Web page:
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1956 146’ b&w Hindi d/s/co-lyr Zia Sarhadi pc Mehboob Prod. lyr Shailendra, Vishwamitter Adil, Prem Dhawan m Salil Choudhury lp Nalini Jaywant, Usha Kiron, Zul Velani, Rajendra Kumar, Nasir Hussain, Anwar Hussain, Sapru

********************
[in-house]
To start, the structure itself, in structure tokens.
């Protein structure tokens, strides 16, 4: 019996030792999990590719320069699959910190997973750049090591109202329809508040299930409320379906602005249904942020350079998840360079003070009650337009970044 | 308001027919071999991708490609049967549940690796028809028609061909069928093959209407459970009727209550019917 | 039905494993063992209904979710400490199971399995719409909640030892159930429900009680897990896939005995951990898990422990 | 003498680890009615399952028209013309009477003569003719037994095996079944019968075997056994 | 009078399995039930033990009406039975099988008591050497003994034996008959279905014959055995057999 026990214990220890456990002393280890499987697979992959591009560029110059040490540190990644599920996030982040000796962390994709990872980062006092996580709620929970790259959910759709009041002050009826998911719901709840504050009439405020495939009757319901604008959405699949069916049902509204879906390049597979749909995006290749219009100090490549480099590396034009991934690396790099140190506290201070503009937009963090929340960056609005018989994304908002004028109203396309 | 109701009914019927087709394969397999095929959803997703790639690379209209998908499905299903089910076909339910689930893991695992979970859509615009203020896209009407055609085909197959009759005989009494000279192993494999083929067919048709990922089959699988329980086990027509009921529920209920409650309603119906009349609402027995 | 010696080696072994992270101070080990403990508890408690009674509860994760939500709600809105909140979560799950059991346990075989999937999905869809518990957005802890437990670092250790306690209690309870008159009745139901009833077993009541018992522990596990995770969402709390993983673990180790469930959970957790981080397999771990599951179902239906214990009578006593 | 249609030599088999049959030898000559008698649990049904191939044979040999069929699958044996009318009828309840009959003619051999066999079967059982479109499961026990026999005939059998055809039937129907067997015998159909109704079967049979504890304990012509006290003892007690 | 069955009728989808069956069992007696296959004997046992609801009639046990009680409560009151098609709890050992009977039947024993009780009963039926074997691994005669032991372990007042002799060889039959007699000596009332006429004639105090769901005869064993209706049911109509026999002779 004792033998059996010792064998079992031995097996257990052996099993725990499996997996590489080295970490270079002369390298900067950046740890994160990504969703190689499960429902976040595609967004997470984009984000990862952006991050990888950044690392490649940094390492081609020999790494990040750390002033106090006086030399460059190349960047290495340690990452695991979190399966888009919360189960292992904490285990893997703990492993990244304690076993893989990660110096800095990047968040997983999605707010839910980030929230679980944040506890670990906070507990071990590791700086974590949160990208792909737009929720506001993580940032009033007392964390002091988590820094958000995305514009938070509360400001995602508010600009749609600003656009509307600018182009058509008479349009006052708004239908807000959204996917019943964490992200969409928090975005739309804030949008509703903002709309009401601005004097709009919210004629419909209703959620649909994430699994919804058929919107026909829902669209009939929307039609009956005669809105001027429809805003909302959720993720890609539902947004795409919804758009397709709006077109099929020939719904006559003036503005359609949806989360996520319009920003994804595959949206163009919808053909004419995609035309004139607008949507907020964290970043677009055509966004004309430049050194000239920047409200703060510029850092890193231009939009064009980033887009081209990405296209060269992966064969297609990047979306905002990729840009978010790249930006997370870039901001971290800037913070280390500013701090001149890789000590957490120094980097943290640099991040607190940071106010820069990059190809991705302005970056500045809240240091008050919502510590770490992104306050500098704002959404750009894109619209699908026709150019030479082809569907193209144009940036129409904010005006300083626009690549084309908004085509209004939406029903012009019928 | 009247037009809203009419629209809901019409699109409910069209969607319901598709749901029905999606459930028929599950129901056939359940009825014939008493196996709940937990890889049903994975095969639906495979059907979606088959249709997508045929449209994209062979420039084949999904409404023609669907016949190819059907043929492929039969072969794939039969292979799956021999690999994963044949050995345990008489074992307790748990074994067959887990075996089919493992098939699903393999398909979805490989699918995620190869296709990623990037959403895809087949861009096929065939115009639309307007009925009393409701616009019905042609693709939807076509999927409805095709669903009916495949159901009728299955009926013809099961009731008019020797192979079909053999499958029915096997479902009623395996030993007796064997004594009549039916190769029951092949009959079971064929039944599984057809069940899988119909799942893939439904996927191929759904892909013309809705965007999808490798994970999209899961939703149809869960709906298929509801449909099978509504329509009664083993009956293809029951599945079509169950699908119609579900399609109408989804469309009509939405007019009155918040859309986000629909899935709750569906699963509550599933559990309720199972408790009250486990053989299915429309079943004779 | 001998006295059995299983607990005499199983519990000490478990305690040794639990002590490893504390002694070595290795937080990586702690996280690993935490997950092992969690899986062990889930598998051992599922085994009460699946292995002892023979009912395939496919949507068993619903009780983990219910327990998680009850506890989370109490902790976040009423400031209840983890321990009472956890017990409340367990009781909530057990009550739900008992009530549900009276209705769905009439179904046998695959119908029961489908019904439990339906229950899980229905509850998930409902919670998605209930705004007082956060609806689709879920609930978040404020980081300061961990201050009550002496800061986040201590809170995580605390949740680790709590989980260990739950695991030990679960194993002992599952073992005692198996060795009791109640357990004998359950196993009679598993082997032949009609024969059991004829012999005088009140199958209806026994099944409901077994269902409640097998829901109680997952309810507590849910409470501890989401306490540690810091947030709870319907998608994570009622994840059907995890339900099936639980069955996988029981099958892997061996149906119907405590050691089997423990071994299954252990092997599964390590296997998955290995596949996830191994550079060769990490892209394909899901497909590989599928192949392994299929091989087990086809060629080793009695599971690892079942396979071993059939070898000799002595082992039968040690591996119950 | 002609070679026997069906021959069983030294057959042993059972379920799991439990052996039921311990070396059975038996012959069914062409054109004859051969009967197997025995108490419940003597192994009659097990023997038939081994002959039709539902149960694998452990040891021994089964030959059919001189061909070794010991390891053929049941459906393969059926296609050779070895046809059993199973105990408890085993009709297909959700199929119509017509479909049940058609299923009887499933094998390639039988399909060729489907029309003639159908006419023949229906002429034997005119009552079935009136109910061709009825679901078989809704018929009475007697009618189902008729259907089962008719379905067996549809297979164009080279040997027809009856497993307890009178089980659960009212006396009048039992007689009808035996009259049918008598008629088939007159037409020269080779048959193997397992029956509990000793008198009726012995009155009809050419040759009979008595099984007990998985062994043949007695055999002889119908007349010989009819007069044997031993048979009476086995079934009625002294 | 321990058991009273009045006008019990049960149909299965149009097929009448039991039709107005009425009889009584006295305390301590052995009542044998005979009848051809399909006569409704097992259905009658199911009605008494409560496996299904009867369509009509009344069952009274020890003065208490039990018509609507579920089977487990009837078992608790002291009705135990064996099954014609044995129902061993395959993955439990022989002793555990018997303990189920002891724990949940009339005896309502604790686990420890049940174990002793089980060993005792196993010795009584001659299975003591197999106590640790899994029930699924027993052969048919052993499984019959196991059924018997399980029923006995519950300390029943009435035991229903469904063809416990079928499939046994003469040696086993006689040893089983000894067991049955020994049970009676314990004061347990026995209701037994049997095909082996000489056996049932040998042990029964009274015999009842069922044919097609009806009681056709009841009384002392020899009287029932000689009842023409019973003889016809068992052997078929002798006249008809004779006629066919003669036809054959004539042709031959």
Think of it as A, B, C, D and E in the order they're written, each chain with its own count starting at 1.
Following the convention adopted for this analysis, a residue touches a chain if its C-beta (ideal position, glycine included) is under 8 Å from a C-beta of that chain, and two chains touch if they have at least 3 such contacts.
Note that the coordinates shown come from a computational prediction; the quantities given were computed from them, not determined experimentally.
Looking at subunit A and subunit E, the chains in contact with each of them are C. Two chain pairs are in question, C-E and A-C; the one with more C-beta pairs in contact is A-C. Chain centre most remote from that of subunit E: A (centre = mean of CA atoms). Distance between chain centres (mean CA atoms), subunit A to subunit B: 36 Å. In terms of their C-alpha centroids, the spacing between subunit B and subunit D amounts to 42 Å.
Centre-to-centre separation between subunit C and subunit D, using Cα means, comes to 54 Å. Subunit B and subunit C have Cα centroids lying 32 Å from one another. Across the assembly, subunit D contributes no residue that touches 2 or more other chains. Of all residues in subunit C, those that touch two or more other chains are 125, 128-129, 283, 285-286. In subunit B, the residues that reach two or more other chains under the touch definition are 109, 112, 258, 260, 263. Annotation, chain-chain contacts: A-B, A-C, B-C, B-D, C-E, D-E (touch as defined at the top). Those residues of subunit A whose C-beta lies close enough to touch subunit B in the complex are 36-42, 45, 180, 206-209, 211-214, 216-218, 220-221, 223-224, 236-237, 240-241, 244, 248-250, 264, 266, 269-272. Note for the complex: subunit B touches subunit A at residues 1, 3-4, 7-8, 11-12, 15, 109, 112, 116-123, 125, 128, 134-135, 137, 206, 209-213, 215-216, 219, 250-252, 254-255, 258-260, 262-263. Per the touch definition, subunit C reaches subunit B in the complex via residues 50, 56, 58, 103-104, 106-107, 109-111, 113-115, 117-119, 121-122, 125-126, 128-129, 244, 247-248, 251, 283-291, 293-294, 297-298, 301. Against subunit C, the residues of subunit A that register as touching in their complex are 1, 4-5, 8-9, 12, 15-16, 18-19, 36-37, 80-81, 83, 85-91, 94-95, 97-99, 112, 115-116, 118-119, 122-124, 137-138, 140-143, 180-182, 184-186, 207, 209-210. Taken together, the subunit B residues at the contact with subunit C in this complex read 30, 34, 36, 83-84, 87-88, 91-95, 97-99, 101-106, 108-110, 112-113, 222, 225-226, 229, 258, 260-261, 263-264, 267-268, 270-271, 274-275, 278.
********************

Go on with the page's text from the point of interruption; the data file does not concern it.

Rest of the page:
Sarhadi’s best-known melodrama drew on Pudovkin and Donskoi-style Soviet realism to tell of an oppressive industrialist (Sapru), his trusted foreman, Bhatnagar (N. Hussain) and the lives of Bhatnagar’s family. The foreman obsessed with his daughter Bela’s (Kiron) marriage, pretends to have a large sum set aside to secure her future. When the father of her fiance, Ashok (R. Kumar), claims a large dowry, Bhatnagar is distraught. He loses his job and dies of the shock. His son Kishen (Velani), who resented that money had allegedly been saved for his sister, now discovers that there is no money and, in a drunken moment, accuses his own wife Jamuna (Jaywant) of having stolen the cash. Desperate to raise the dowry, Jamuna does odd jobs and falls into the clutches of the old industrialist who had sacked her father. The man promises to give her the money in exchange for sex. She takes the money and then commits suicide. The film contains many references to Soviet film styles, including the heavy-handed use of low and high angles, e.g. the shots of the overcoat-wearing Banke (A. Hussain), a figure representing the organised proletariat (esp. in the militant workers’ song Araram tararam duniya ke kaise kaise gam) and the family’s self-appointed protector. The only print currently available has been reconstructed from fragments of original prints.